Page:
As the National Weather Service has issued an excessive heat warning for Delaware County, with temperatures possibly reaching 94 degrees for Wednesday, residents need to be aware of how to handle being out in such heat.
- Increase of core body temperature
- Muscle Cramps
The Delaware County Office of Services of the Aging (COSA) has issued these safety tips:
- Drink plenty of fluids (in consultation with your physician regarding medication and fluids.)
- Wear lightweight clothing.
- Stay indoors or seek relief at a senior center, mall or friend’s house who has air-conditioning.
- Avoid strenuous activity.
- Limit alcohol or beverages containing caffeine.
The county also has a 24-hour heat information line at 610-872-1558. The phone service is running from now until Sept. 30, which will provide residents with heat advisory updates and information.
People who need additional assistance can contact the COSA Information and Assistance service at 610-490-1300.
The American Red Cross also shared these tips on how to help someone who may be suffering from heat cramps, heat exhaustion, or heat stroke.
Heat cramps are muscular pains and spasms that usually occur in the legs or abdomen caused by exposure to high heat and humidity and loss of fluids and electrolytes. Heat cramps are often an early sign that the body is having trouble with the heat. If someone is experiencing heat cramps:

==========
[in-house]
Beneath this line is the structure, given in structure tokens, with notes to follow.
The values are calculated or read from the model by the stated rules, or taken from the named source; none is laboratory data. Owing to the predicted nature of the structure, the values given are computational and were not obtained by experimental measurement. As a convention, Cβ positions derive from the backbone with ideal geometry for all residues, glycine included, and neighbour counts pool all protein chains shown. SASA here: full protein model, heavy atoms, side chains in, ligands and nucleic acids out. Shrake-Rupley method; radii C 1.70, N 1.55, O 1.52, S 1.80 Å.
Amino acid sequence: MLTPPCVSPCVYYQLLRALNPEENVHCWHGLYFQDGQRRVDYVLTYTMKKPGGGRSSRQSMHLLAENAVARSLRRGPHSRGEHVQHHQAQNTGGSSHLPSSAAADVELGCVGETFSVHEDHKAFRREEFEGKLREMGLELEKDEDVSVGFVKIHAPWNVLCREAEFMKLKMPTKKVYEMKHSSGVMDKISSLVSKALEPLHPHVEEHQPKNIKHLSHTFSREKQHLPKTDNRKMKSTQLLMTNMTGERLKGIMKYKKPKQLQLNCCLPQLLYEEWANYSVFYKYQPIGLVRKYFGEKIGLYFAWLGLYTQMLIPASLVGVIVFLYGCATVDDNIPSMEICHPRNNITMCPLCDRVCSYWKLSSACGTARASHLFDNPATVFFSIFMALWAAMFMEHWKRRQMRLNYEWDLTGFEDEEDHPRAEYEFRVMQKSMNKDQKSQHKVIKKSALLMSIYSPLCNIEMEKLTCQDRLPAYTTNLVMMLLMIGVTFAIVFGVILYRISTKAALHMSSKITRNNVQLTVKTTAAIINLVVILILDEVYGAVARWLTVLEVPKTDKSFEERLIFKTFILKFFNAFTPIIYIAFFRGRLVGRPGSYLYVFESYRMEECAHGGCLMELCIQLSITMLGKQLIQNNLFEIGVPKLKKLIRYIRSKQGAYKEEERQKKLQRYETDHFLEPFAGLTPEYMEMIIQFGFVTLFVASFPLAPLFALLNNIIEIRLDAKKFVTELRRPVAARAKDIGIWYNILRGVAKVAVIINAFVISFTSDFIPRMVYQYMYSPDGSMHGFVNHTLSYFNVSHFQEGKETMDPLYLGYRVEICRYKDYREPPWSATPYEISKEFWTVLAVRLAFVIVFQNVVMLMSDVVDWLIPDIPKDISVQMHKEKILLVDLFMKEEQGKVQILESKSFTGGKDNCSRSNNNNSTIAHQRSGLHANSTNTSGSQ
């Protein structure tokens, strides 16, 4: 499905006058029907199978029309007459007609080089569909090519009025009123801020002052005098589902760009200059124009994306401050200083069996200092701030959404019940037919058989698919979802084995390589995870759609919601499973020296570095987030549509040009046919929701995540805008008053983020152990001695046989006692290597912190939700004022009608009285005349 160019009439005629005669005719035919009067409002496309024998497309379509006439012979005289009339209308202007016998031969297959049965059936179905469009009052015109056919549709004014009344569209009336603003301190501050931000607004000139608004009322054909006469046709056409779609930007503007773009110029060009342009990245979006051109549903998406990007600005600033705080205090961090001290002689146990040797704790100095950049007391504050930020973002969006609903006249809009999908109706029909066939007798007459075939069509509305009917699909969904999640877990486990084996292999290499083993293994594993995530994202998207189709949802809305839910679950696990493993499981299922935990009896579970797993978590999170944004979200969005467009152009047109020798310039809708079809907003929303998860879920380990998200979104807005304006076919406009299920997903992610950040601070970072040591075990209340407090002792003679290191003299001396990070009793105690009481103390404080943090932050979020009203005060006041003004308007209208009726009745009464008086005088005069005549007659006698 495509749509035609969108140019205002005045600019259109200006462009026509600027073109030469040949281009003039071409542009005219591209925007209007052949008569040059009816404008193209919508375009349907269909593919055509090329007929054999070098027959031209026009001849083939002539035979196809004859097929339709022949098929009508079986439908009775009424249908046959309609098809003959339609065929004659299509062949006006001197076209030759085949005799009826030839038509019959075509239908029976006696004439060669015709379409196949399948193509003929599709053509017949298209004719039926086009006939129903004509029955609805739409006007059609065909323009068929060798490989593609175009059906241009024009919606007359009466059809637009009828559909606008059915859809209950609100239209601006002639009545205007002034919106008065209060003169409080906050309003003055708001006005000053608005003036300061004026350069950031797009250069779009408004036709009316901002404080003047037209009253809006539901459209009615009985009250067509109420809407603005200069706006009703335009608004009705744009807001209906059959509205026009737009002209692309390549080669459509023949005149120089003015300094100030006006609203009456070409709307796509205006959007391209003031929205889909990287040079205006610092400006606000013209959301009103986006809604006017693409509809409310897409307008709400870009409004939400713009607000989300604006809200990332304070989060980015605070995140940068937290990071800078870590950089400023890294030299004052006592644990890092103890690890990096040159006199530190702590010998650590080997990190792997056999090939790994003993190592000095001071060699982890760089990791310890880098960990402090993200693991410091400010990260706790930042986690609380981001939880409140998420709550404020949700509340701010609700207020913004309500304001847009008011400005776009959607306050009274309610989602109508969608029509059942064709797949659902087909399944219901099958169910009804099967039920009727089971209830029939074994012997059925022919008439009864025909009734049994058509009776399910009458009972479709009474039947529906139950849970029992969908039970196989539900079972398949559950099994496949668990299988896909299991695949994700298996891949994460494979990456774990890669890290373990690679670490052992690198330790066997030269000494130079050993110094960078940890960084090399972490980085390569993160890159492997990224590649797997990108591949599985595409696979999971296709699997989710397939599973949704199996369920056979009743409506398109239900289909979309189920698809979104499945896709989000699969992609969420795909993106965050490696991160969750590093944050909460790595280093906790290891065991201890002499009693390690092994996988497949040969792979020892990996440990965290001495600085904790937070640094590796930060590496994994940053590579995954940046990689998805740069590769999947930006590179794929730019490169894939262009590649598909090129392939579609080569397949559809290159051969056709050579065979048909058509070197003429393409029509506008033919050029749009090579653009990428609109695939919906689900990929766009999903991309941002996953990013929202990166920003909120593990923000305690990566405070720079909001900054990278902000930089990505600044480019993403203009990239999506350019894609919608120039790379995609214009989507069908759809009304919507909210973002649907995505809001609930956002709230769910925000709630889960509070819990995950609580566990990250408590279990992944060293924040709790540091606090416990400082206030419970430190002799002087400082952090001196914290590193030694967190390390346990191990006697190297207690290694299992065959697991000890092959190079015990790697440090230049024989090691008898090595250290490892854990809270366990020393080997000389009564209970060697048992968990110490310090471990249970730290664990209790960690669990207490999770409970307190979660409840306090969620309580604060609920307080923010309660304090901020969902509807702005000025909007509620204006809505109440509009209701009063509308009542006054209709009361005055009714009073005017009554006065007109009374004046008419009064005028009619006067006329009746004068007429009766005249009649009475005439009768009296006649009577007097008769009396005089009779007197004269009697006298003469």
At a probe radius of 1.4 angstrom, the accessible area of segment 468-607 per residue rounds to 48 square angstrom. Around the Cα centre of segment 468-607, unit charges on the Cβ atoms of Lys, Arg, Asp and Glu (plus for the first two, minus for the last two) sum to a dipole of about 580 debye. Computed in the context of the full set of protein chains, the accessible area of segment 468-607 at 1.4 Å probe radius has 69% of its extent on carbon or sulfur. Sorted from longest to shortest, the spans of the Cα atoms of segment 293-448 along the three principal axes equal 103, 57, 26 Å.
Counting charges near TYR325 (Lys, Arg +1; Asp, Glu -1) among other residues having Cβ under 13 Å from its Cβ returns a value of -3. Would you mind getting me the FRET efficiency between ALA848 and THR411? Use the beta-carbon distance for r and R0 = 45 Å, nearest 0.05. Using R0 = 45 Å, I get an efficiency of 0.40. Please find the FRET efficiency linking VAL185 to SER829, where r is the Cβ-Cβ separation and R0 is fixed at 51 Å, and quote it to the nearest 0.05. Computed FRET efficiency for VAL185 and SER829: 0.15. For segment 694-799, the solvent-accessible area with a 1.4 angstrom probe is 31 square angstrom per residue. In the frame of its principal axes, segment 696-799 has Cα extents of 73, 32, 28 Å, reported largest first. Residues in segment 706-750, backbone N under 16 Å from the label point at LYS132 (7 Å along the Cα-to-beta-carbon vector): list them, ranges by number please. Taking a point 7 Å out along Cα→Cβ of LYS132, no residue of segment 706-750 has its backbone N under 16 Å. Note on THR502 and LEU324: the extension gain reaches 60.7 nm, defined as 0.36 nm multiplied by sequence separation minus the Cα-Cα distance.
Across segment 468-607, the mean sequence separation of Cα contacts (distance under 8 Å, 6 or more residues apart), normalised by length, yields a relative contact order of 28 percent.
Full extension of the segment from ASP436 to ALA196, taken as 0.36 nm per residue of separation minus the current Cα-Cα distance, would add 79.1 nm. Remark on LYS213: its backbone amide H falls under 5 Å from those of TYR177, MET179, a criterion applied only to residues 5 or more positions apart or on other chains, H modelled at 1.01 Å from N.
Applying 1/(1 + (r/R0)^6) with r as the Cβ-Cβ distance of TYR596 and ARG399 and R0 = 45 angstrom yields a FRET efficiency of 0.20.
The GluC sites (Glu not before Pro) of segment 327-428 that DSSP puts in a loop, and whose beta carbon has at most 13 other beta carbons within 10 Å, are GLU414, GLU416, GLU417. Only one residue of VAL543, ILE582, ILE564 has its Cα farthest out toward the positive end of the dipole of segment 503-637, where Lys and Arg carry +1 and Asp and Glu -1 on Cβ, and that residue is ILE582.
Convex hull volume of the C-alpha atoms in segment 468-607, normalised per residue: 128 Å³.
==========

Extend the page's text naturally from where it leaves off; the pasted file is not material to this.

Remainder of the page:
• Get the person to a cooler place and have him or her rest in a comfortable position. Stretching, massaging and icing the affected muscle may help.
• Give a half glass of cool water or a sports drink with electrolytes every 15 minutes. Do not give liquids with alcohol or caffeine in them, as they can make conditions worse.
Heat exhaustion is caused by a combination of exercise induced heat and fluid and electrolyte loss from sweating. Signs of heat exhaustion include cool, moist, pale or flushed skin; heavy sweating; headache; nausea; dizziness; weakness; and exhaustion. To help someone with these symptoms:
• Move the person to a cooler place. Remove or loosen tight clothing. Spray him or her with water or apply cool, wet cloths or towels to the skin. Fan the person. If the person is conscious, give small amounts of cool water cool water or a sports drink with electrolytes to drink. Make sure the person drinks slowly. Watch for changes in his or her condition.
• If the person refuses water, vomits or begins to lose consciousness, call 9-1-1 or the local emergency number.